When to plant

Your first crop of Delphinium blooms will, in this climate(Mass. USA), go to seed in July. The seed drops on the ground, the wind covers it lightly with dust, and moisture and sunshine do the rest. So then, plant your Delphinium seeds some time before August 10 if possible.

How to plant

As we have seen, Nature does not bury the seeds at all, it barely covers them. So press your seed into the soil and then sift over them lightly some sandy soil or even just fine sand.


Nothing will grow without moisture. Therefore, it is essential that your seedbed not be permitted to dry out but be kept consistently moist but not muddy. This may be best accomplished by watering the soil well before planting.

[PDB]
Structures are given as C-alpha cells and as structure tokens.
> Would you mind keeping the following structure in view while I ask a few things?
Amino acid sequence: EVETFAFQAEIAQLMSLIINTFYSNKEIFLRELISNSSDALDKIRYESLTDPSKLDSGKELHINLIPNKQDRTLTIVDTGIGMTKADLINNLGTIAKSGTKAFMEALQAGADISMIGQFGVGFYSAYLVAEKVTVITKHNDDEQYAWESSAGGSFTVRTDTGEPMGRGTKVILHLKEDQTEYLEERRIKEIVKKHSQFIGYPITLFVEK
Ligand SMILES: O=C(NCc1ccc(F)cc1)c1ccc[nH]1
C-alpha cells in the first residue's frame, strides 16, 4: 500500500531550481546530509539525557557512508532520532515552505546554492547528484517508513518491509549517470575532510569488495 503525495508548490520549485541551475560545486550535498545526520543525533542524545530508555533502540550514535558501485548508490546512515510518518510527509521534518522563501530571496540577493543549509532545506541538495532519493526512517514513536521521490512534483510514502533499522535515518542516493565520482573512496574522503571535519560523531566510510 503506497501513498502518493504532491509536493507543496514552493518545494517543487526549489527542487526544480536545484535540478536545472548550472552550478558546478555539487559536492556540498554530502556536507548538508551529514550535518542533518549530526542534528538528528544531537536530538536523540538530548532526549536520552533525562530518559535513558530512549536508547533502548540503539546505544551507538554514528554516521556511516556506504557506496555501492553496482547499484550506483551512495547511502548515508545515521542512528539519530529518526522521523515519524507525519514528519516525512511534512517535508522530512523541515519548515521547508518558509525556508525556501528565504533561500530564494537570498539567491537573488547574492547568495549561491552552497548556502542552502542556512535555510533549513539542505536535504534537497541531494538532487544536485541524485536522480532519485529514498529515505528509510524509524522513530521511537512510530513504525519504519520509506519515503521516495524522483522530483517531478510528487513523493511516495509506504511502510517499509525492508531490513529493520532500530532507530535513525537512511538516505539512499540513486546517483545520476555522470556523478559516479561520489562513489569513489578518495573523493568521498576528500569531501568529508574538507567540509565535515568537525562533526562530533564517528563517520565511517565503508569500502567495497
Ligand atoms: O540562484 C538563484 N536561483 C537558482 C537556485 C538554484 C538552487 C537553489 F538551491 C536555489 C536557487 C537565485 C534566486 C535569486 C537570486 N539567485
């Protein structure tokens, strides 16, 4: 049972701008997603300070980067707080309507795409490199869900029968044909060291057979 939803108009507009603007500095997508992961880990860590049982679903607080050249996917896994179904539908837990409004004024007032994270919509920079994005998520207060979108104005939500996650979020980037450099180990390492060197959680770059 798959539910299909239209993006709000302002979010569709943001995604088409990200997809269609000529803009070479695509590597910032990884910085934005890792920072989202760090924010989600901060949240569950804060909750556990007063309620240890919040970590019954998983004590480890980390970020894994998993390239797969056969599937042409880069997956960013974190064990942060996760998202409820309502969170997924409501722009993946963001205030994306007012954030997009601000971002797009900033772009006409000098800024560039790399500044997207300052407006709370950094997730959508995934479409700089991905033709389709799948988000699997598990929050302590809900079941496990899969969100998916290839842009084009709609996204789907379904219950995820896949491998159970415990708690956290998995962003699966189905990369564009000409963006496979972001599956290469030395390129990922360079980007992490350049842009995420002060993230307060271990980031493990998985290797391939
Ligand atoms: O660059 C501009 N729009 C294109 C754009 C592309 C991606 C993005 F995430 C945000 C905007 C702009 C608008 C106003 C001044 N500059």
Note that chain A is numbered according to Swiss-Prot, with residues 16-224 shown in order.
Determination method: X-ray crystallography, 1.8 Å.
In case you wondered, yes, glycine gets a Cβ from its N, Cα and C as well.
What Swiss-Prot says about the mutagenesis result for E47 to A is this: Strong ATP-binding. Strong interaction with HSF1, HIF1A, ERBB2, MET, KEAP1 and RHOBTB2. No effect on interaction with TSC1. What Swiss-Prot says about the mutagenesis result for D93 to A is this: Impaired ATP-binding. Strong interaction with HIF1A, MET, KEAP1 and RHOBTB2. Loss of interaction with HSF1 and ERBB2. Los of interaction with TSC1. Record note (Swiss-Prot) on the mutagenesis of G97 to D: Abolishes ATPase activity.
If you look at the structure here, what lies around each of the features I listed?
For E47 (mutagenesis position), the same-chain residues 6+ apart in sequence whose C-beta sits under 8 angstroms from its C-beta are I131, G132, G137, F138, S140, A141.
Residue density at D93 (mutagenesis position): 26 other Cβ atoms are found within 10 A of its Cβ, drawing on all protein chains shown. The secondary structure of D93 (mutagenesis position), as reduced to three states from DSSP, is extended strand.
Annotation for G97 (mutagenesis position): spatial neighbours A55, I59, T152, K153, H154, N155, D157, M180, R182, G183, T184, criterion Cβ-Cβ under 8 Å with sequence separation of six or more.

To preserve moisture and protect from drying out by sun and wind, the outdoor planting is covered with a frame of standard cold frame size, 3 feet by 6 feet, made of furring strips on which is tacked unbleached muslin. This is kept on until seeds have germinated. During rainstorms, the glass sash is placed right over the muslin (sash) frame to prevent dripping to wash out the seeds. Plastic will work just as well.


The ordinary summer temperature, existing at the time of the year when Nature plants its seeds, will, of course, be ideal when you plant your seeds by hand. The more even the temperature can be kept, slightly above 70°, the better.

When seedlings show